However, from a more anecdotal perspective, over the past six years, I’ve seen ARC largely achieve what it sets out to: a deeper and more accurate understanding of text concepts. This is demonstrated through learner ability to discuss, remember, and write about the text with deeper analysis than when done without ARC. It also improves awareness of digital literacies, referencing convention, and vocabulary building strategies. This has been noticeable both in written product about any of the ARC texts we’ve studied, but also in learner use of ARC strategies on successive texts.

P: My last question relates to the applicability of the ARC techniques. Do you see Academic Reading Circles employed in an ESL classroom not necessarily related to Academia – be it a language school, or secondary school – where one of the subject is English?

T: I strongly believe that almost any approach or technique that illustrates an improvement in language learners’ skills can be applied in some form across contexts. I do this whenever I go to conference talks, for example, that aren’t specifically related to EAP contexts. It is important to keep in mind though that this does require adaptations. ARC is created with learners in an academic learning environment foremost, so the duties and expectations of each role do aim to build skills specifically in that area.
Having said that, most any non-fiction text—be it a newspaper article, magazine, or even blog post—is embedded with many authorial techniques that are meant to convey meaning to a particular target audience. ARC roles, even taken outside the academic context, can be of benefit to a general language learning context to improve the ability to discover and uncover meaning.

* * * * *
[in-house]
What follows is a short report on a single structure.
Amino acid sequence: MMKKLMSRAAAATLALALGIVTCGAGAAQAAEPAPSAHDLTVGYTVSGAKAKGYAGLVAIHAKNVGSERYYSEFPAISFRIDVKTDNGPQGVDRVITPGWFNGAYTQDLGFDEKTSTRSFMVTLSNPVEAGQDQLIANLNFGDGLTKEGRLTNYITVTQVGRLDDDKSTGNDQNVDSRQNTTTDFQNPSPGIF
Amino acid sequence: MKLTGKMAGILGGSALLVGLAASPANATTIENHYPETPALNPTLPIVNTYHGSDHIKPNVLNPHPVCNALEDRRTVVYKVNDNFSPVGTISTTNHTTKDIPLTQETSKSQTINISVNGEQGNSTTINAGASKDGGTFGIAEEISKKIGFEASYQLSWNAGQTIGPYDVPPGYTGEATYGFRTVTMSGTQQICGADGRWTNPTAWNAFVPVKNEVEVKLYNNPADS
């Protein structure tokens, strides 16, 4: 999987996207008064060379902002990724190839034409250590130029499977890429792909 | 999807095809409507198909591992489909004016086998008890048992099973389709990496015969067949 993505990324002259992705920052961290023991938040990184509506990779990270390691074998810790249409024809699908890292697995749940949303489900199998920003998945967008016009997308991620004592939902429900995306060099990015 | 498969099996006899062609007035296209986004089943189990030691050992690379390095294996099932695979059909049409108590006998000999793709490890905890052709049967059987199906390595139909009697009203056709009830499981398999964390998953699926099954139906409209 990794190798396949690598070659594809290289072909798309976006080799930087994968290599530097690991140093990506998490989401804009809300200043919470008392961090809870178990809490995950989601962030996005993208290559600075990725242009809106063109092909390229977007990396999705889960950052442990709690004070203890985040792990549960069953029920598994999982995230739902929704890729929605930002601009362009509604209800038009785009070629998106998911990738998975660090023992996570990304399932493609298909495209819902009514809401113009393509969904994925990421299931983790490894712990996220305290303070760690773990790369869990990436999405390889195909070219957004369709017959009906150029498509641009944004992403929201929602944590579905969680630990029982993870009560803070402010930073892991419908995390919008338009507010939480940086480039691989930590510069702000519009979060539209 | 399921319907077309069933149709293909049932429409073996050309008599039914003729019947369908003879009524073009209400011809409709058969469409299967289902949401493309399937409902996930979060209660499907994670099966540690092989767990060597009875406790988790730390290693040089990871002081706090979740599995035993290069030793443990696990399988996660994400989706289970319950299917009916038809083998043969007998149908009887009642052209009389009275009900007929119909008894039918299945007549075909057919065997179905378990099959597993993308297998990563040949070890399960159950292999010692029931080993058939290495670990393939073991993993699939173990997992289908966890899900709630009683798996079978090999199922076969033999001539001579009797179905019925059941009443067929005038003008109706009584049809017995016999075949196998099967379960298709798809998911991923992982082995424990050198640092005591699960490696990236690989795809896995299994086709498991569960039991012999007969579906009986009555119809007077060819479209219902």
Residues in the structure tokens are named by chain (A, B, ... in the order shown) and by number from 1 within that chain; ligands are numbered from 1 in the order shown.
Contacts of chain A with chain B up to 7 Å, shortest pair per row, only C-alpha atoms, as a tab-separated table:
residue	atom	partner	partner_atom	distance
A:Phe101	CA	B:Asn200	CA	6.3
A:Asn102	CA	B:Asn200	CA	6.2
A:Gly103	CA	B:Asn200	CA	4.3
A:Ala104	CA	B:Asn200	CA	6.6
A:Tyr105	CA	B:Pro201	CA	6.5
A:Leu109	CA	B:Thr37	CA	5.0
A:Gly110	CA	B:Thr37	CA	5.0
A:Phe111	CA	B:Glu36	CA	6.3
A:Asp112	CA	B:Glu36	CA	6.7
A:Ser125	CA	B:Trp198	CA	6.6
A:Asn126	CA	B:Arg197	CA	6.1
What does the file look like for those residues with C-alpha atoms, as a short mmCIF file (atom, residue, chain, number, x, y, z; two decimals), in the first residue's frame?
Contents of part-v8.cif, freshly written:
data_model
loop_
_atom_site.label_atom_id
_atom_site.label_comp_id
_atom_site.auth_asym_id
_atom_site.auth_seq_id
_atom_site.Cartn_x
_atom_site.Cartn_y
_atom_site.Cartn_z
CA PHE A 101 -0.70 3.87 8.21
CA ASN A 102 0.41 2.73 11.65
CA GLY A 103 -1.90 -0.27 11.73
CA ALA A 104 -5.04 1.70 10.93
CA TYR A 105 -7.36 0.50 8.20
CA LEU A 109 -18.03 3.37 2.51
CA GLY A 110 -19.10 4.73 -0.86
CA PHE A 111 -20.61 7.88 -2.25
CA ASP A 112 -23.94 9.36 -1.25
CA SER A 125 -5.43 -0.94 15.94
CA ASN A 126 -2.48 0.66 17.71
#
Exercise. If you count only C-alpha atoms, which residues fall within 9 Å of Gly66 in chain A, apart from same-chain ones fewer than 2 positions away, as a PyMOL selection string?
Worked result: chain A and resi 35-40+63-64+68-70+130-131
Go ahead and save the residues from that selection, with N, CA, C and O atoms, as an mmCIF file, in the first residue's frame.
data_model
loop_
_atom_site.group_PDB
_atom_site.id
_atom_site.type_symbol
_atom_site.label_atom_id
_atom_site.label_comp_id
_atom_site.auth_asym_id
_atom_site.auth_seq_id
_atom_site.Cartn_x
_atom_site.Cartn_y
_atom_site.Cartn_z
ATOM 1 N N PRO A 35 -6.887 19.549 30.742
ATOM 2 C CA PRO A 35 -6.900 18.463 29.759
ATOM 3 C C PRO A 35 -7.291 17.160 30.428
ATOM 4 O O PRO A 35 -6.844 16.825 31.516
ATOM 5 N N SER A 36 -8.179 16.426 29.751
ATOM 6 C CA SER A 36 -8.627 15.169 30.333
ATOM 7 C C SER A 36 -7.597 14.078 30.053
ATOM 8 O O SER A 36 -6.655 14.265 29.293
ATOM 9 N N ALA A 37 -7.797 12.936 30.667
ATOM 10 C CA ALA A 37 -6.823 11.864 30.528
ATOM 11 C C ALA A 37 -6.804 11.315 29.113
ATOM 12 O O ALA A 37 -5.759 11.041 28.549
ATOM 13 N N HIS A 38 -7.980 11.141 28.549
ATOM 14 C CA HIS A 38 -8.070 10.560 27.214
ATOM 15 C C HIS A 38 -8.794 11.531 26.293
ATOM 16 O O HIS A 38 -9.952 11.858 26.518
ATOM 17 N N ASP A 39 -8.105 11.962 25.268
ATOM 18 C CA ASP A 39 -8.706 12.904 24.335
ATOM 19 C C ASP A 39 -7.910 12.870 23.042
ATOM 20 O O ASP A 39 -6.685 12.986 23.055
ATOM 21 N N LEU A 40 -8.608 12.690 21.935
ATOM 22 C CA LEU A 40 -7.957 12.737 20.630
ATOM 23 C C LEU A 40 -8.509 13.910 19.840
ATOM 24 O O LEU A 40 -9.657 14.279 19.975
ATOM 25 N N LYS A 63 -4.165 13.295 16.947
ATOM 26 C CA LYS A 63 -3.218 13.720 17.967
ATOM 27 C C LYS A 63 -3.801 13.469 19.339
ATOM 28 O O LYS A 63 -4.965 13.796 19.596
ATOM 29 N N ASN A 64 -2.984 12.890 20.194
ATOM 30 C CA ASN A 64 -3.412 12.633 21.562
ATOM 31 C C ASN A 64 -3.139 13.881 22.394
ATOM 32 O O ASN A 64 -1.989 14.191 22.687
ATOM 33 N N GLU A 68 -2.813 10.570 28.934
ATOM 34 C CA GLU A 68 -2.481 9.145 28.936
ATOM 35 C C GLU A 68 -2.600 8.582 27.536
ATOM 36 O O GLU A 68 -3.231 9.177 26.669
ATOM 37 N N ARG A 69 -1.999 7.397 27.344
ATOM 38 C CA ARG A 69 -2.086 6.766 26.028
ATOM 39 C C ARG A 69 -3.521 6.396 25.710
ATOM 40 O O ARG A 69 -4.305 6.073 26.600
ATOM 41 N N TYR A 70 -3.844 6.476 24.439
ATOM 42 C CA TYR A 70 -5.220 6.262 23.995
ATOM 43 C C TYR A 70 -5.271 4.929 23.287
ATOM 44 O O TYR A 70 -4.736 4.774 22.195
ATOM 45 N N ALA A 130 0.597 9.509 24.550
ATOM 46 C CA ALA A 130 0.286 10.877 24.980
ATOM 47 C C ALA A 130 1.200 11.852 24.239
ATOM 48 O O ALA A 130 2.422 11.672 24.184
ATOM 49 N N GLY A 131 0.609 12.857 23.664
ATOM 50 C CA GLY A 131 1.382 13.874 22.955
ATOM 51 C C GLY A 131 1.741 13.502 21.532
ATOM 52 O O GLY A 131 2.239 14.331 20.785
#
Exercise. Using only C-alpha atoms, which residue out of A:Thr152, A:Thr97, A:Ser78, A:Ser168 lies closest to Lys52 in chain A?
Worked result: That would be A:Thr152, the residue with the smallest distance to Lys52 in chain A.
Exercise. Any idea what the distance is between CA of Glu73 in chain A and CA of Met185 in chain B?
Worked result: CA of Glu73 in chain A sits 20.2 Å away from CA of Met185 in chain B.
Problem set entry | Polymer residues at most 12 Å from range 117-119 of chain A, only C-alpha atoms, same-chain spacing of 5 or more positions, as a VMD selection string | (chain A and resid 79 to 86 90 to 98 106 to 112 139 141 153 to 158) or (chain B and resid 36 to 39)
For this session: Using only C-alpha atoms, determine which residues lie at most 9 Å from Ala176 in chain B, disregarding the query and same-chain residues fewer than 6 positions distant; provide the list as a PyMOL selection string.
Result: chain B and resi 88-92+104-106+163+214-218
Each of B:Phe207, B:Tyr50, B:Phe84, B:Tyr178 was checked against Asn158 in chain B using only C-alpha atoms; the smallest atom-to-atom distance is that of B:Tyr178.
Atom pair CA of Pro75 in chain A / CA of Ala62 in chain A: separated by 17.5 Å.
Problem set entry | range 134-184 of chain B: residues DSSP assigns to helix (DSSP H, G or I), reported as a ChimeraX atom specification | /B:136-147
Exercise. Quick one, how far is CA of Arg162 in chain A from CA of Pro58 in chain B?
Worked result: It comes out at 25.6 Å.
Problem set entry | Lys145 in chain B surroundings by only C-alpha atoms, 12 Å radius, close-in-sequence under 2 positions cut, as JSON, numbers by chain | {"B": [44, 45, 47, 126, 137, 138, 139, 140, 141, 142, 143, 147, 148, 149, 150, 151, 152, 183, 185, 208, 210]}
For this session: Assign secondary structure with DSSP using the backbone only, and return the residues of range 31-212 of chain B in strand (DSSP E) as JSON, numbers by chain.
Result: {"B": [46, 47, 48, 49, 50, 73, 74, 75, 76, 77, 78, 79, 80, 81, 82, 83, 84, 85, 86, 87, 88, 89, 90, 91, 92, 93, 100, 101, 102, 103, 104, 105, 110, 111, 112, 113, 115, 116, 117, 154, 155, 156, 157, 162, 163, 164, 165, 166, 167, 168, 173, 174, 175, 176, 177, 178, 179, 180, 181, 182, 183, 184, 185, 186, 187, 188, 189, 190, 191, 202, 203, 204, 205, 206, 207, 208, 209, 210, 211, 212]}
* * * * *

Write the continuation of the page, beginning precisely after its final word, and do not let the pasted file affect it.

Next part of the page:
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Review of Academic Reading Circles by Christina Chorianopoulou

One of my best, most fulfilling moments in teaching has been sitting in the middle of a class of teenagers, listening and observing while a Literature Circle takes place; watching them engage with a written piece in a way I could not possibly pre-plan or expect, noticing how words drive their curiosity and thought or, sometimes, impede their understanding - and how they address this.There are many keywords I could use here, but collaboration and motivation seem the most appropriate; the same keywords I would have described all language courses.

Could such moments be experienced in other contexts?

I had never attempted this approach with groups of older learners and on non-fiction readings until recently - partly because I was unsure as to how to suggest it to students with little time on their hands and partly due to my distress of not having done this before with advanced learners.